The fate of Cleveland, Ohio, rides on a web of interdependencies on a regional scale. People and communities throughout that area of Ohio are being forced to adjust to new civic roles. The city of Cleveland must understand how it fits into Greater Cleveland. And suburbs must understand their dependence on the historic central city and be drawn into the Cleveland community.
In this sweeping study by local and national experts, these and more specific issues are raised and examined in depth. The New American City Faces Its Regional Future captures the dynamic thinking concerned with Cleveland and its surrounding region. The authors address questions of importance not only to Cleveland and its region but also to communities across the country that are facing similar issues. How does the city want to grow in the future? How can it become a more livable community? As the population of the region moves farther and farther out from the established urban areas, consuming more and more land, and as it enters its third century, these questions will need to be addressed. This book takes some first, important steps toward providing the answers.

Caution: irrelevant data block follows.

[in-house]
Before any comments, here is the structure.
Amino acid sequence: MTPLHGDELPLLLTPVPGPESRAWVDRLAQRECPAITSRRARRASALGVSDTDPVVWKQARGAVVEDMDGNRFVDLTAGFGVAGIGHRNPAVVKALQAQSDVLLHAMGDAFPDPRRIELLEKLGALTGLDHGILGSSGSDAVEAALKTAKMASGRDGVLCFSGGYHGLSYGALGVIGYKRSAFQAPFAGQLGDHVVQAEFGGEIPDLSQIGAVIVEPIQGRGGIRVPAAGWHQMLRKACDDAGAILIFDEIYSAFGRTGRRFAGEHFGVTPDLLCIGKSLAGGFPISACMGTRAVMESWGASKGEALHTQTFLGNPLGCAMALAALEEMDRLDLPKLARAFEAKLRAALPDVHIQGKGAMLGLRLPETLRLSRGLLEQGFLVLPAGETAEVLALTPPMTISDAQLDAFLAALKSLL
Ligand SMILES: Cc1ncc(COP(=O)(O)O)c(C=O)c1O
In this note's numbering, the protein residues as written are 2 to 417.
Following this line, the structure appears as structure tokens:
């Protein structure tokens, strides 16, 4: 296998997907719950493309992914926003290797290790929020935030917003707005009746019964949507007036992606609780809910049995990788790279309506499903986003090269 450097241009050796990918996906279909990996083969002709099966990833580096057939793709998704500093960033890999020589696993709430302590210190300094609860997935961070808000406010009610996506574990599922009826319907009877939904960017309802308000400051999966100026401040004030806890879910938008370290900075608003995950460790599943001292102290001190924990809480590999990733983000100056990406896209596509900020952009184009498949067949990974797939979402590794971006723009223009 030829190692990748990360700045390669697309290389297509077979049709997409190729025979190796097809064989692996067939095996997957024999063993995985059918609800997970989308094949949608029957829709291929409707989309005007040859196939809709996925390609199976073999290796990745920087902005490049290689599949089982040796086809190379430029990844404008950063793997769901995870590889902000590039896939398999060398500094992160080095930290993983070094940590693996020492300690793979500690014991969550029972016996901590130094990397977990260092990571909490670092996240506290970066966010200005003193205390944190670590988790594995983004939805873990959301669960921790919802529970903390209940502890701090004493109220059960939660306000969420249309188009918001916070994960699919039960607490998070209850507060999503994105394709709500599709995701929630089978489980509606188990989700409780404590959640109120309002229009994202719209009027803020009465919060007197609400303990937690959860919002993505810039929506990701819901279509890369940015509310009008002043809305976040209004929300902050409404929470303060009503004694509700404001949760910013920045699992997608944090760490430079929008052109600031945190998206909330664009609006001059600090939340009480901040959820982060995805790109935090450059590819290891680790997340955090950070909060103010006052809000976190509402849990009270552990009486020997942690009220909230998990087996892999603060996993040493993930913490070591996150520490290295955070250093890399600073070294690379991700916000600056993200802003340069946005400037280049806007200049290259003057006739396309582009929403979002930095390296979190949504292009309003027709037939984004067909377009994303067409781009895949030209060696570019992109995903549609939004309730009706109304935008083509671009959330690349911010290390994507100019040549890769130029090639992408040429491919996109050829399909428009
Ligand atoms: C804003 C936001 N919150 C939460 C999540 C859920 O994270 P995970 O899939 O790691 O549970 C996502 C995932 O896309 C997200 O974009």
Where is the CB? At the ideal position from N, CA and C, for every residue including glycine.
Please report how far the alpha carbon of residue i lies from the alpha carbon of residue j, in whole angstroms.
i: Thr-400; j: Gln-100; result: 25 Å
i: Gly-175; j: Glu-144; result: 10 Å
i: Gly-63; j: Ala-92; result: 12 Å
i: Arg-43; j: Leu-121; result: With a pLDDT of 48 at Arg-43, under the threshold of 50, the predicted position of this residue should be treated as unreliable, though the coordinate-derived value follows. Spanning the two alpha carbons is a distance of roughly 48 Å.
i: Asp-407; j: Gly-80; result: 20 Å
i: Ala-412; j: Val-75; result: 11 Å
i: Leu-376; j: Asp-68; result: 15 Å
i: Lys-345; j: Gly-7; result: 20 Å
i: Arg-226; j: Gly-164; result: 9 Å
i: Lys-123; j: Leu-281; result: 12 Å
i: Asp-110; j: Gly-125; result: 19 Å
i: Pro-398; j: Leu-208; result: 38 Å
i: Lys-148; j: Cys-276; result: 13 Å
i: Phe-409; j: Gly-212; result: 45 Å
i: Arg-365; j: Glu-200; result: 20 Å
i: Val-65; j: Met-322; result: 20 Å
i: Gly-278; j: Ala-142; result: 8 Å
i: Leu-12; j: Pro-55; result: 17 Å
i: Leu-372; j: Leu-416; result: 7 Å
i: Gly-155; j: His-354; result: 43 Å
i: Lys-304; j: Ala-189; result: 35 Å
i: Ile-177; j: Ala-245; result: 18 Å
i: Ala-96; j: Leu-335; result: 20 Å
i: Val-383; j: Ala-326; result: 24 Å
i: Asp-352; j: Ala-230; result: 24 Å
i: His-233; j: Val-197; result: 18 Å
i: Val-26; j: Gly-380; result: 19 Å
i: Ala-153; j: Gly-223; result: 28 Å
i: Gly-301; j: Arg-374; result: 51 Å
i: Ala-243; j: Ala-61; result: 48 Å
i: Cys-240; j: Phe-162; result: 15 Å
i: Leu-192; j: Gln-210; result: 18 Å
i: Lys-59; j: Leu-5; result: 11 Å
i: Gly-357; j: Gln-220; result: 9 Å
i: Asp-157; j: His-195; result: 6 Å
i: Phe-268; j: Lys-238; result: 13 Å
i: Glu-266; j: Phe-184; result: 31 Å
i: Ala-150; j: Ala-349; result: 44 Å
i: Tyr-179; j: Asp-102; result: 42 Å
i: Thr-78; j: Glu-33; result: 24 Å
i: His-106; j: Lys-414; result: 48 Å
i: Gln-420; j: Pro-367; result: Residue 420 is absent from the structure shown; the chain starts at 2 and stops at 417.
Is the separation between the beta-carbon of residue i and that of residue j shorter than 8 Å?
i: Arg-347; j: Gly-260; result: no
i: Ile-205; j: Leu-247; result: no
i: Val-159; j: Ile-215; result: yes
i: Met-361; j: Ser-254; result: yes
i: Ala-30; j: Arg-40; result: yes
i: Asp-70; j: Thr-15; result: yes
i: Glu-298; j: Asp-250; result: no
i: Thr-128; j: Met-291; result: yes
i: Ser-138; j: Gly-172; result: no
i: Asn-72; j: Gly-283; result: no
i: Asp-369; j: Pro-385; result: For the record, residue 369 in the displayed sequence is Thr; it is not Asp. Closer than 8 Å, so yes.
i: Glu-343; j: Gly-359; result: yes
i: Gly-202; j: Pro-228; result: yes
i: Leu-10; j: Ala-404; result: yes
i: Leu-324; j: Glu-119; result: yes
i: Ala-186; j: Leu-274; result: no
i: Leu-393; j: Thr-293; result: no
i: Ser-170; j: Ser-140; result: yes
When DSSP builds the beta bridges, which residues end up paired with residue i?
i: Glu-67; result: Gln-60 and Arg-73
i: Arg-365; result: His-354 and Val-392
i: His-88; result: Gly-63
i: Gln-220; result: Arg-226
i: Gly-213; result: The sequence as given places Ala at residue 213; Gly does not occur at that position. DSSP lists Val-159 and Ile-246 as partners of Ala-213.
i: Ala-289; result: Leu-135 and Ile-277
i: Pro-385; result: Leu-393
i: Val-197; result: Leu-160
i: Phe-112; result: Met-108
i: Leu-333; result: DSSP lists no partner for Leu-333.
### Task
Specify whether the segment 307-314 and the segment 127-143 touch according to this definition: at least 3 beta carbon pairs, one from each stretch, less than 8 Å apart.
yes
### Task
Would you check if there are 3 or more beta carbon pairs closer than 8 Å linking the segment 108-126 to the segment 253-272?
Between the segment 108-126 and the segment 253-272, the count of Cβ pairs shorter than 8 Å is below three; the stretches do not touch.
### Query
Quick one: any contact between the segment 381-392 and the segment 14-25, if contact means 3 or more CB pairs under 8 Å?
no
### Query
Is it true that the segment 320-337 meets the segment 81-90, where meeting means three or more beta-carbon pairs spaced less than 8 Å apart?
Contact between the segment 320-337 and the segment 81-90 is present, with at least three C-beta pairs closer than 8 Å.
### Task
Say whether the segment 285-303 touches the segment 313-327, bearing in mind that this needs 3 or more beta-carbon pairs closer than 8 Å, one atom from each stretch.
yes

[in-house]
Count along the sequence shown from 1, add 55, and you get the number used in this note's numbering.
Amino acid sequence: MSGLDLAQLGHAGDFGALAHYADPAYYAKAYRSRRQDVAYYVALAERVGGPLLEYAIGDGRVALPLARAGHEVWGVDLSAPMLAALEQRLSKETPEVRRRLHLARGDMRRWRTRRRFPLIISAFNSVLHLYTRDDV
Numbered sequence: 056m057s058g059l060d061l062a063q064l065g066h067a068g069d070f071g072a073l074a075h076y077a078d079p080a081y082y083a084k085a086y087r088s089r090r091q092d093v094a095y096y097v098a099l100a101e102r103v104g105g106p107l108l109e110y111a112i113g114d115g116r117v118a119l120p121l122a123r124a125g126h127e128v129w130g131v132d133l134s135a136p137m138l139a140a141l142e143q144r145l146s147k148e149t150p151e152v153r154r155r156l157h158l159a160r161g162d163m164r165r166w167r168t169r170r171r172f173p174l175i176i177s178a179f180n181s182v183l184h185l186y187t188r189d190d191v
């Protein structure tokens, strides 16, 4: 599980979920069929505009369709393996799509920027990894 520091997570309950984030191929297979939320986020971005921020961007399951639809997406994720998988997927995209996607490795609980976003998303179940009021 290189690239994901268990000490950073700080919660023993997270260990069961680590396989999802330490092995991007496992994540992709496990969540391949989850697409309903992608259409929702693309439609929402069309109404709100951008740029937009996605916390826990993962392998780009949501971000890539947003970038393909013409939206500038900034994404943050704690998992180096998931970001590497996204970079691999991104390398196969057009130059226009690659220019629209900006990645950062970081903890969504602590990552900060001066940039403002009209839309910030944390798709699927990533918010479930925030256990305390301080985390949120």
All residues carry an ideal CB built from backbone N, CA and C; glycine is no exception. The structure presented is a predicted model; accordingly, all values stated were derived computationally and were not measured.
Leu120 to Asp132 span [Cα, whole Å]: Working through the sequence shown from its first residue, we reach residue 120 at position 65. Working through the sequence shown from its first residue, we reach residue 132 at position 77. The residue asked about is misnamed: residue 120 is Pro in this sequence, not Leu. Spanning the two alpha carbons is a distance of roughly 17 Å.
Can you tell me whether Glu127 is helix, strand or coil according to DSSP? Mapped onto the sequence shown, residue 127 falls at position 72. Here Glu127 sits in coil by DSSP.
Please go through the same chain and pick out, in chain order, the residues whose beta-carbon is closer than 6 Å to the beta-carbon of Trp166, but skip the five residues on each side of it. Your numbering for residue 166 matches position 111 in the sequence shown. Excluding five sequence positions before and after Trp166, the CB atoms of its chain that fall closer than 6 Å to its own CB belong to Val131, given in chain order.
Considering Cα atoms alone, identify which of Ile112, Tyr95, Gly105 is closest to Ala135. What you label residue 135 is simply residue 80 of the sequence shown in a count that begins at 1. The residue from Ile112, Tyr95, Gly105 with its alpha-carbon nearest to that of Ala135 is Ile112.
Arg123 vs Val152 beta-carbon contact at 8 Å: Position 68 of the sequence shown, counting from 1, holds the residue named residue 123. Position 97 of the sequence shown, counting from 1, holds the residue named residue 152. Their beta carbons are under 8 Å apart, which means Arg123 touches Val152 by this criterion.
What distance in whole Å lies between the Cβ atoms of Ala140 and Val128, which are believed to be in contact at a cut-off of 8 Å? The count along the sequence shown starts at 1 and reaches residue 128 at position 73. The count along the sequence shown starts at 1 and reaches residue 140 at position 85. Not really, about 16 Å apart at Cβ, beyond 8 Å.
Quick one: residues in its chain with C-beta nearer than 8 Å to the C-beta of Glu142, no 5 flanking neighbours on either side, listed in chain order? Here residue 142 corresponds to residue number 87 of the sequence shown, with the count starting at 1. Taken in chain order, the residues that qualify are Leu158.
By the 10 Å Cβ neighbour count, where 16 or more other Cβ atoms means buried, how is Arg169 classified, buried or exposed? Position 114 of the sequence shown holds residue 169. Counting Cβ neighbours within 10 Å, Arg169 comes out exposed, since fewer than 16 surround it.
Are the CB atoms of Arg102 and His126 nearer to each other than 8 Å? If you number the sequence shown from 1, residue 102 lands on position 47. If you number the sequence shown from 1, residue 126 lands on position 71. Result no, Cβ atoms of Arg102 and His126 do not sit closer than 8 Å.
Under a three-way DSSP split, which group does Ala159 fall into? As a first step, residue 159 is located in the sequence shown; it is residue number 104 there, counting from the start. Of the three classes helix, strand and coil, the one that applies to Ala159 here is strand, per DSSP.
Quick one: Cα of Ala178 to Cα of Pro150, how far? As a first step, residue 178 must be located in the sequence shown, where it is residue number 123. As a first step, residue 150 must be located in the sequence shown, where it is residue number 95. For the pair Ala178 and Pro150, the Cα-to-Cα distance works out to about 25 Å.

David C. Sweet is Dean of the Levin College of Urban Affairs, Cleveland State University.
Kathryn Wertheim Hexter is Director of the Ohio Urban University Program at Cleveland State.
David Beach is Director of EcoCity Cleveland.
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